At Maya and Shyamu’s semi-pucca dwelling in Sonarpur: Their older daughter shows off her handiwork (left bottom); surrounding photos show packets of semi-prepared food items, roasting equipment, and a second hand push cart purchased by the couple for their vending trade. Photo credits: Pawan Dhall

Currently, with a slight easing of the lockdown, vending popcorn, muri and peanuts in the neighbouring localities fetches the couple just about enough money to reinvest the basic capital into their trade and use some of the gains for meeting daily survival needs. They’re thinking of adding corn on the cob to their wares but this will require additional capital (including money for transportation). They’re also looking for continued dry ration support so that they can save money to buy milk, eggs and oats for their two daughters (one four years old, the other nine months) and meet health care needs. The older daughter, a school-going toddler, needs books and pencils for her studies. If you want to help, please urgently contact us here.

Maya and Shyamu are hopeful of running their trade in a better manner once the lockdown’s relaxed. But they may have to continue with mobile vending because space isn’t likely to be available in the local retail market. The couple explained that not only will the shopkeepers object to vendors crowding the space around their establishments, the vendors will also have to grease political palms to find a suitable spot for their operations. In addition, the social distancing norms will make space scarcer and dearer.

Pradosh Dash

Pradosh Dash. Photo credit: Pradosh Dash

Bhubaneswar, April 6, 2020: Who would’ve thought that the coronavirus pandemic would inspire a young gay man to take the first step towards fulfilling his dreams? Pradosh Dash sent us this short personal story. Here’s wishing him the very best in his mission to use digital media to talk about LGBTIQA rights, male sexual abuse, menstruation and many more such issues often brushed under the carpet. He would love to hear from you at pradosh911@gmail.com.

Bana

Bana. Photo credit: Bana

Bhubaneswar, April 11, 2020: In this podcast, health worker Bana talks about the situation of lesbians, bisexual women and trans masculine persons (LBT in short) in the state of Odisha. Bana works with these communities across several districts of the state. Similar to an earlier report filed by Shivalal Gautam on the plight of queer communities in Assam, Bana’s report underscores the importance of addressing the mental health and survival needs of LBT communities in Odisha during the lockdown, and in particular the gender affirmative care needs of trans persons.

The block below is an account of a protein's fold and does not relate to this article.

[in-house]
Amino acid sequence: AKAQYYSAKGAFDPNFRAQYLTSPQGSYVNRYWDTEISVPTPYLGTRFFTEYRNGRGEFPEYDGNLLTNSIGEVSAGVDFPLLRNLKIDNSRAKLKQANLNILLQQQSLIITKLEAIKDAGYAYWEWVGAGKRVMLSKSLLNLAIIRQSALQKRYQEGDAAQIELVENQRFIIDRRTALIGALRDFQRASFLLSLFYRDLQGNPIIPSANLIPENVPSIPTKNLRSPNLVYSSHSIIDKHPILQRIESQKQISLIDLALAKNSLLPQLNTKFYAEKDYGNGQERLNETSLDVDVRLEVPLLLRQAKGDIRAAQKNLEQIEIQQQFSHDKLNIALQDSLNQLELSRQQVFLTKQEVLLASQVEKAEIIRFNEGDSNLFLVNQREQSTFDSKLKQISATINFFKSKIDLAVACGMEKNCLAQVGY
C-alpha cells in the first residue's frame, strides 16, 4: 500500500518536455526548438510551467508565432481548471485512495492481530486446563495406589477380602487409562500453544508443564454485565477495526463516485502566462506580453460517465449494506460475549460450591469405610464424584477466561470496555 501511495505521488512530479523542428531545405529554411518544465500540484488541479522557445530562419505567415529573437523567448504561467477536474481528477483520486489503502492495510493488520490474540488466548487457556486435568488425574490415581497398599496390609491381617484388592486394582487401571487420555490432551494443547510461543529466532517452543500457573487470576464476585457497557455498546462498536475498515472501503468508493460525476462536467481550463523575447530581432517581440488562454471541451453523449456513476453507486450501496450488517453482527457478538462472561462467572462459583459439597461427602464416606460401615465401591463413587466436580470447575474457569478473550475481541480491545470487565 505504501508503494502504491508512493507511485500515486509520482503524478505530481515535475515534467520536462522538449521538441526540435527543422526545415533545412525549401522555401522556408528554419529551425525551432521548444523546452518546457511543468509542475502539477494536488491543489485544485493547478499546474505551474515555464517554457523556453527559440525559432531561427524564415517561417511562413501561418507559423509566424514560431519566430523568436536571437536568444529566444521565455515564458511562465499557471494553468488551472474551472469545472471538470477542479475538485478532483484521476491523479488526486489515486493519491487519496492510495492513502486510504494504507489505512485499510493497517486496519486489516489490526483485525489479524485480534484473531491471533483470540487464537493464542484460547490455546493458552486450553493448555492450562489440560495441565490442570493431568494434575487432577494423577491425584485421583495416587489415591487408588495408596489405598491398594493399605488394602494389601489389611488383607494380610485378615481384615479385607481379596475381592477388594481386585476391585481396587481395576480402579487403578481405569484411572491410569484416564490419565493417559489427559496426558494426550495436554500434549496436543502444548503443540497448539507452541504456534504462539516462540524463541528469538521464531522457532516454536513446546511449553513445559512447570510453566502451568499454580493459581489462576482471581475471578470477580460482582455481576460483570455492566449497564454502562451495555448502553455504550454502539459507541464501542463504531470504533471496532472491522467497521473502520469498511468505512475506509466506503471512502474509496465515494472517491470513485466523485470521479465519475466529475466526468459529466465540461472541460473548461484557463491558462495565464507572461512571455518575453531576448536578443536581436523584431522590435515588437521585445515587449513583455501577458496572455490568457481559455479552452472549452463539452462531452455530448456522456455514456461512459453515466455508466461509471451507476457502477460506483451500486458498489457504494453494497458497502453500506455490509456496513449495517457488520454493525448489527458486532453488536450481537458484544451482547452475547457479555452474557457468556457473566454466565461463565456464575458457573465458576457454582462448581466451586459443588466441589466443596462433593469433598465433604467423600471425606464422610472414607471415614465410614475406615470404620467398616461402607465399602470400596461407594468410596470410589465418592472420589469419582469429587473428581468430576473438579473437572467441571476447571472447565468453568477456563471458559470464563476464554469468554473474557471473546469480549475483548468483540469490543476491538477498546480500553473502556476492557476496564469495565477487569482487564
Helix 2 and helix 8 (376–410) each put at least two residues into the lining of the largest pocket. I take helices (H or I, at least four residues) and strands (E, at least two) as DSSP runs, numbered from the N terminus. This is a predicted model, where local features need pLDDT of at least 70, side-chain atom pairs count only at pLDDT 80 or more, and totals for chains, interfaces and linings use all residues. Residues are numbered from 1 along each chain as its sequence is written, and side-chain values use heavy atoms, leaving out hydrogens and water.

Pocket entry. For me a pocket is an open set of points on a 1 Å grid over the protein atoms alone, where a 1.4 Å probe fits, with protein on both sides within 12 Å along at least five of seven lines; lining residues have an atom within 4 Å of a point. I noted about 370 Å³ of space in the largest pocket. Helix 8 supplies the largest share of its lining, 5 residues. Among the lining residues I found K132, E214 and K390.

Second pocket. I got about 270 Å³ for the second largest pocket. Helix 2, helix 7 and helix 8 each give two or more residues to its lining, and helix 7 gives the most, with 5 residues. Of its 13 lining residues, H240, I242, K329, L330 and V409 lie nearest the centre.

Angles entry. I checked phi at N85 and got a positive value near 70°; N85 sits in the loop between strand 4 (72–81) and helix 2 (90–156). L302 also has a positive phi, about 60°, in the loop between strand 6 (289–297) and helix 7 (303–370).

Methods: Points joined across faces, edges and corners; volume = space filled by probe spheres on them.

Joyita Mondal

Joyita Mondal

Islampur, April 17, 2020: Transgender social worker Joyita Mondal is back with a brief narration of how support was provided to Neha (name changed), a trans woman in Jalpaiguri town in North Bengal. Neha used to earn money through the traditional occupation of chhalla (seeking alms) on trains and pay for her house rent and meals from these earnings. But there are no trains running during the lockdown, and Neha has been struggling to make ends meet. The support provided to her last week will eventually run out. Joyita urges you to extend more support to Neha and many others like her. And a word of encouragement to Joyita too – her chirpy voice in the podcast successfully hides fatigue borne out of non-stop coordination of relief for trans persons day in and day out!

Shivalal Gautam

Shivalal Gautam

Guwahati, April 25, 2020: Shivalal Gautam reports on the harrowing experience of an HIV positive man living just outside Guwahati, near an army camp. Even in usual circumstances security near the army camp is strict. In the current situation, movement of people into and out of the area has been completely stopped. The individual concerned needed to receive his monthly quota of ART medication from a government health worker, who had all necessary identity documentation to show that she was home delivering an essential service. Yet, she and the HIV positive man were at their wits’ end before they could convince the army personnel to let the health worker meet and pass on the medicines to the man. More tellingly, they had to lie about the nature of the medicines because of the fear of stigma that still persists around HIV, especially outside urban areas. The man is not open about his HIV status and did not want to be ‘marked’, especially by army personnel in his neighbourhood.

What to make out of the government assurance that essential services won’t be stopped during the lockdown? Where have we reached after more than 30 years of battling the HIV epidemic? Networks of HIV positive people have been advising their members in rural areas to get e-Passes made with help from the Gram Panchayats. But have they factored in the strong stigma that may still prevail around HIV in rural areas and among Gram Panchayat functionaries? Must one compromise on every other health concern for the sake of preventing coronavirus infection? Shivalal asks some searching questions in his second podcast.

More updates to follow!

Please send your inputs and comments one-on-one here or publicly at the end of this article – Editor.